It was always to be expected that a certain number of iPhone purchasers would go through the trouble of "unlocking" their device so it could be used on any network they want. This involves some work, and though web sites dedicated to the subject abound on the Internet, I always figured that most users would be as interested in customizing their iPhone as customizing their TV.
Clearly, I was mistaken, as reports have revealed that over quarter of all iPhones sold have been unlocked. That article also reveals the motivation for Apple's willingness to "brick" customized iPhones, or iPhones altered so as to make them work on networks with whom Apple lacks an exclusivity arrangement (AT&T in the United States, O2 in the UK):
The higher number is worrying for Apple because the company receives a cut of AT&T's iPhone service fees, revenue that carries a high gross margin and has fueled optimism over its earnings potential.
If the level of iPhone users who opt not to acvtivate with AT&T reaches 30%, then Apple stands to lose $500 million, or 37 cents a share. That's not chump change, even for a large-ish company like Apple, and goes a long way towards explaining why Apple was originally so keen on Verizon Wireless as their American partner. Besides the existence of Verizon's strong broadband wireless service, Verizon uses CDMA as its wireless protocol, whereas most of its competitors use GSM. That's a natural barrier to entry which would reduce incentives for consumers to unlock their phones, given that the result wouldn't work on most other networks, anyway.
That being said, I think the high level of unlocked iPhones says a lot about the technical sophistication of modern users of computing devices. One of Apple's driving assumptions has been that non-technical users are more willing to take whatever experience Apple chooses to give them, a theory based (I believe) on consumer experience of consumer electronics such at TVs. TVs, however, are a bad parallel (even though I used it at the start of this blog).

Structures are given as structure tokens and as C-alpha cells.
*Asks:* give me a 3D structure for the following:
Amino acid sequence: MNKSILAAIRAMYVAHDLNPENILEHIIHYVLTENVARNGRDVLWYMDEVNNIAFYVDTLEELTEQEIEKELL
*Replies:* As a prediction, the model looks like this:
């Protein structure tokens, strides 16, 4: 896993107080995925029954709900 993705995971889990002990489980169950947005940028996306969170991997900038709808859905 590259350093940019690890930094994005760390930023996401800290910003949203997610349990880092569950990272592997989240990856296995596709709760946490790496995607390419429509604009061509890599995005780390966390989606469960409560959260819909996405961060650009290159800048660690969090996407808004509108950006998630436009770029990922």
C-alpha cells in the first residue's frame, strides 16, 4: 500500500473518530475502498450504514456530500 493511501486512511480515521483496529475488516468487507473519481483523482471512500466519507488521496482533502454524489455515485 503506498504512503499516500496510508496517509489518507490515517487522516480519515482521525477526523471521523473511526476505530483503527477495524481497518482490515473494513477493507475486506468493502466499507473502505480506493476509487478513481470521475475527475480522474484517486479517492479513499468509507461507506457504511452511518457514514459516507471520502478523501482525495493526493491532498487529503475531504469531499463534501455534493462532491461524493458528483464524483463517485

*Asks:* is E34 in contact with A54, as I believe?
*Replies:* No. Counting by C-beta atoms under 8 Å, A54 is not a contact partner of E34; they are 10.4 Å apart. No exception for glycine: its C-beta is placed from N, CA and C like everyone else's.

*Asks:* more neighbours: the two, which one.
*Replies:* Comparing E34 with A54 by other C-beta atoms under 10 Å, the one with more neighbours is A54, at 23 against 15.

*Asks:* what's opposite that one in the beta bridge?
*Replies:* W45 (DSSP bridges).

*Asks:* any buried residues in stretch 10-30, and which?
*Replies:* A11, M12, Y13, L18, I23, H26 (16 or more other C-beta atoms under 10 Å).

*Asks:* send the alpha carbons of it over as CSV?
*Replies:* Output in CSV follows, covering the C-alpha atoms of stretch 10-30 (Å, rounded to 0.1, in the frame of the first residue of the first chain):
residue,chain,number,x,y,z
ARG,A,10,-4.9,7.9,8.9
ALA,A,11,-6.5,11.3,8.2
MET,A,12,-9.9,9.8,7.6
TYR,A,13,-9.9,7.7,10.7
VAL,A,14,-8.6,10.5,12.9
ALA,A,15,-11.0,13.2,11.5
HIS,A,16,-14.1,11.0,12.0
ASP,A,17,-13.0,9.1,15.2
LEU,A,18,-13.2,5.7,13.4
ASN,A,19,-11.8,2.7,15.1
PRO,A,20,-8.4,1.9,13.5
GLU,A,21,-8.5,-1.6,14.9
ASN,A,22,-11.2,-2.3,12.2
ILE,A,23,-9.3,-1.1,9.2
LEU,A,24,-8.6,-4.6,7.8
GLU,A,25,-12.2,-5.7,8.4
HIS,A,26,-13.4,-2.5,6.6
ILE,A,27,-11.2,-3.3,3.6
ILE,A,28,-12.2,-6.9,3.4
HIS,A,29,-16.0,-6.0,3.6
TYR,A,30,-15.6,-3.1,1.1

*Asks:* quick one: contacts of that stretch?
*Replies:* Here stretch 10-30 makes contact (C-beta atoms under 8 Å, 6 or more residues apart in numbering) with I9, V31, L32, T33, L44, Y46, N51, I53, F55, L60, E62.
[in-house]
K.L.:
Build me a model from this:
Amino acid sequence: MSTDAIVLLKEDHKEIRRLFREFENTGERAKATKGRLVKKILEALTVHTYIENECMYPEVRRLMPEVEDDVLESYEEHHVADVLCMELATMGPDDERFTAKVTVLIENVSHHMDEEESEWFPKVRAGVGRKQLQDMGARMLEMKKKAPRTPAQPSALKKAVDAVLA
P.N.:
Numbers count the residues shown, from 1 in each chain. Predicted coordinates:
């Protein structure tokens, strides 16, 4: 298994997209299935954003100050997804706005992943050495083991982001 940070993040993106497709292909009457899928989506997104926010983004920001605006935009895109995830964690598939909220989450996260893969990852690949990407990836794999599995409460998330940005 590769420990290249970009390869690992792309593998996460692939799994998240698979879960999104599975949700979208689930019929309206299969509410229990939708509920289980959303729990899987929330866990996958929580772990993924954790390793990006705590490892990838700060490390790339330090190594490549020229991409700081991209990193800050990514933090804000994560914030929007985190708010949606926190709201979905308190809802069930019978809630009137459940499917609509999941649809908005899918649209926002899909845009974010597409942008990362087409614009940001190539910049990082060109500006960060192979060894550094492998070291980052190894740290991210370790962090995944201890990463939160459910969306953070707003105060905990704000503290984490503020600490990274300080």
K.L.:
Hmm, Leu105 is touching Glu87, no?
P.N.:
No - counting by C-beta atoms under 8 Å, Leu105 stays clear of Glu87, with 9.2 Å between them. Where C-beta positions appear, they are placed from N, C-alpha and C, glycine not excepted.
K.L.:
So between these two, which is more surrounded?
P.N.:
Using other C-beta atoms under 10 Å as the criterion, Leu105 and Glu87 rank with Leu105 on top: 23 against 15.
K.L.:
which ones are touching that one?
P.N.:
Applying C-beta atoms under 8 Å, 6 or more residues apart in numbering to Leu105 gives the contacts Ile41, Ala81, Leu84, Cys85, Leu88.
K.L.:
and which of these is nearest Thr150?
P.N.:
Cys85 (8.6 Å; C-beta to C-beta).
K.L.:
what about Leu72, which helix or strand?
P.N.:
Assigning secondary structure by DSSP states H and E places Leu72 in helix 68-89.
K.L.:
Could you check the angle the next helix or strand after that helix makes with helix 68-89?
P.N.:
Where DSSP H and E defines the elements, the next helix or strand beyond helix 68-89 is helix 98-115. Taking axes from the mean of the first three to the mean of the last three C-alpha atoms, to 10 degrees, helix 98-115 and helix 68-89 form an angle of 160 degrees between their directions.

A TV will always work with anything that can produce a standard TV signal. TVs aren't locked to a cable company, which would be the only way to make TVs an accurate parallel. In fact, most consumers would feel rather restricted if the TV they bought would only work with a particular supplier of television signal.
That being said, there is some basis for the belief that most wouldn't bother to unlock the iPhone. Few consumers bother to unlock ordinary cell phones, even on GSM networks where portability is much easier.
A smartphone, however, is different. Besides having more in common with desktop computers than ordinary phones (which breeds certain expectations of flexibility and customizability), the main reason for the difference is that most consumers must pay a premium to have a smartphone. If consumers must pay a premium for the device (and clearly, that is the case with the iPhone), they demand a certain amount of flexibility to which Apple's business model doesn't readily lend itself.
This may mean that Apple must rely "merely" on the high margins it achieves from sale of the iPhone hardware alone (Apple's hardware margins are famously high), rather than the "top up" it earns through exclusive deals with telecommunications companies. Apple could try to defend its current business model, to be sure, by more aggressive updates which would make unlocking harder. That, however, is likely to work against the iPhone's popularity, which would be unwise given the proliferation of iPhone-style user interfaces among Apple's mobile phone competitors.
The iPhone is cool, but it swims in a market filled with competitors. That will militate against attempts to shut off avenues for flexibility and customization, which to my mind, is a good thing for consumers, even if Apple's accountants aren't so happy about it.